What are Ganglion Cysts?
A Ganglion cyst typically occurs near the joints or tendons of your hands or wrist. They are noncancerous lumps ranging in size from dime size to an inch in diameter. These types of cysts are also filled with a jelly-like fluid and round in size.
Normally these cysts don’t cause pain. However, when the lump adds pressure to a nearby nerve it may become pinched and cause pain. At times the location of this small jelly-like lump may interfere with joint movement and cause joint pain.
Ganglion Cysts are usually ok left untreated. Although, If the lump becomes painful due to a nearby nerve or interferes with your joint movement, it is a good idea to look into draining the cyst. Another option is to move the cyst altogether. But in many cases, the cyst will go away on its own.
Ganglion Cyst Symptoms
When a cyst appears on your wrist, it is characterized by the shape, location, and pain, such as:
- Shape and size. Ganglion cysts are round or oval and usually measure less than an inch (2.5 centimeters) in diameter. Some are so small that they can’t be felt. The size of a cyst can fluctuate, often getting larger when you use that joint for repetitive motions.
- Location. The cysts most commonly develop near the tendons or joints of your wrists or hands. The next most common locations are the ankles and feet. These cysts can occur near other joints as well.
- Pain. Ganglion cysts usually are painless. However, if a cyst presses on a nerve — even if the cyst is too small to form a noticeable lump — it can cause hand pain, tingling, numbness, or muscle weakness.
Ganglion Cyst Causes
At this time, we don’t know why a ganglion cyst develops. We do know though that it grows out of the lining of a tendon or a joint. It appears like a tiny water balloon or stalks surrounding the joint or tendon that bulges out of place. Inside of the cyst is a thick fluid, such as fluid found in joints or around tendons.
Although we do not know the cause, there are certain factors that increase your risk, such as:
Osteoarthritis: If you have osteoarthritis the risk of developing a cyst increases. This is due to the wear-and-tear in the finger joints and often occur near these joints.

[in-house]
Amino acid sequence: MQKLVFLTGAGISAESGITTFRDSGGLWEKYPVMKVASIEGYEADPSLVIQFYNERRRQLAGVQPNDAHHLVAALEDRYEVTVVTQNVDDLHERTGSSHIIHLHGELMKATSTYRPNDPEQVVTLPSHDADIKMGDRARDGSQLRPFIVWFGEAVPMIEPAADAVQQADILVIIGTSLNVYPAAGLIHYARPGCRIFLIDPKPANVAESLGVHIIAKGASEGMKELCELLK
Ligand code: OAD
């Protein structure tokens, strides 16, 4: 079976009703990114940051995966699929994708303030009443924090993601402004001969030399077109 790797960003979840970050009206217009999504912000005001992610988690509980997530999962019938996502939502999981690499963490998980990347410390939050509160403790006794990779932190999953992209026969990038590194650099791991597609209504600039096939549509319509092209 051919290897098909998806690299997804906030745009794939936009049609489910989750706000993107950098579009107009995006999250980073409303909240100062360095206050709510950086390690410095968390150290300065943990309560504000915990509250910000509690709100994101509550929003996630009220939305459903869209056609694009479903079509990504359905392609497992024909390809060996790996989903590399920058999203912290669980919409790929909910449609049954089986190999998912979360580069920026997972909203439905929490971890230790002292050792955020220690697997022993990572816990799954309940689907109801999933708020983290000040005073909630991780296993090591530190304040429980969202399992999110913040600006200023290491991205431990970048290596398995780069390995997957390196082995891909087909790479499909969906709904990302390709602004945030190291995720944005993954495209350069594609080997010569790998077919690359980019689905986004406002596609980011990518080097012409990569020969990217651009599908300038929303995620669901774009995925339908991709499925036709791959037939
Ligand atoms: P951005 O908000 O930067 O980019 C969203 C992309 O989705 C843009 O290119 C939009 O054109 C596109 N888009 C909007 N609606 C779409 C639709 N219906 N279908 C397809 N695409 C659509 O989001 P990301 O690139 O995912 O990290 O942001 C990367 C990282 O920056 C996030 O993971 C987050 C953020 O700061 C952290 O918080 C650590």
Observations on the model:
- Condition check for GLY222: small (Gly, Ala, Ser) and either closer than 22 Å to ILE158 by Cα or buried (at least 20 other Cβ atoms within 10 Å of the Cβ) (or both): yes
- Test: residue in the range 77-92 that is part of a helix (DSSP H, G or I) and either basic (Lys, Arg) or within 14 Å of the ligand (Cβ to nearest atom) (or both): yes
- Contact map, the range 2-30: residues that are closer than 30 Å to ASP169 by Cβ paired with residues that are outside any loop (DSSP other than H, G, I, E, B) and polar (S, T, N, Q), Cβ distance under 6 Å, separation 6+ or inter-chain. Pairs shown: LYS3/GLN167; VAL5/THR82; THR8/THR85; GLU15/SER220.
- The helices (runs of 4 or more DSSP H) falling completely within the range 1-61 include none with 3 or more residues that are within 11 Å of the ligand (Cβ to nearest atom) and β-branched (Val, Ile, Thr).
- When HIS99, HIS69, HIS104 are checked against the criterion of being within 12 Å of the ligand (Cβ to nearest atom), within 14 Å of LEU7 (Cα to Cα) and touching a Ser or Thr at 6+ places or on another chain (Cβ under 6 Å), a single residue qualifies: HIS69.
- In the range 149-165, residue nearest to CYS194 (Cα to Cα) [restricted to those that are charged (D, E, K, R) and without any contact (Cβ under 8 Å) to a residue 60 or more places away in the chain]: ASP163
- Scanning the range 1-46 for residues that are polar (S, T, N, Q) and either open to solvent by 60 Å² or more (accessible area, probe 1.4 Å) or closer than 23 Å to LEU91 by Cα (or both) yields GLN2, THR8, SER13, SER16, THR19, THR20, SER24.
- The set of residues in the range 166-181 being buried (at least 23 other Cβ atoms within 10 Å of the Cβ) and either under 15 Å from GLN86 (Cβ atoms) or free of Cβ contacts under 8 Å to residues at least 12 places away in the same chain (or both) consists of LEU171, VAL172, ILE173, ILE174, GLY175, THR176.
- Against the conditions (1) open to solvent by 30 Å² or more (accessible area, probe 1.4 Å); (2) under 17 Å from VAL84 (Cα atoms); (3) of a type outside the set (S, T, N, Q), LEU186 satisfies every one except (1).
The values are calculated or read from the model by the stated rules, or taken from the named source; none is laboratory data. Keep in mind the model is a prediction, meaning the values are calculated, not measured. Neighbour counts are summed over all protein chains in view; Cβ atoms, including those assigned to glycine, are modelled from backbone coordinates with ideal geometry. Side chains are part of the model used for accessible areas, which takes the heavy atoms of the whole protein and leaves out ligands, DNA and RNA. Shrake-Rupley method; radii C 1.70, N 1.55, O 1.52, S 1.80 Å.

Age & Sex: Although these cysts can occur in anyone, they are most common in women between the ages of 20 and 40.
Previous Tendon or Joint Injury: If you’ve had a joint or tendon injury in the past, you are more likely to develop a ganglion cyst.
Treatment for the Cyst
The good thing is that ganglion cysts are normally painless and require no treatment. Although they are important to keep a close eye on, just in case it starts to interfere with joint movement and become painful.
During this procedure, a physician will use a needle to drain the fluid from the cyst. But it is possible for the cyst to reoccur.
Although to cause is unknown, we do know that activity seems to enlarge the cysts. So immobilization will help keep the area still while the cyst shrinks and relieves pressure. It’s important to avoid long term use so your muscles do not weaken.
If all other options have been exhausted and failed, surgery may be the next treatment. The doctor removes the cyst and the stalk that attaches the joint to the tendon during the procedure. It’s uncommon for the surrounding nerves to be injured from this procedure. However, it is possible for the cyst to reoccur even after surgical intervention.
If you are experiencing a Ganglion Cyst with pain or pressure on a nearby joint, call us at 888-409-8006.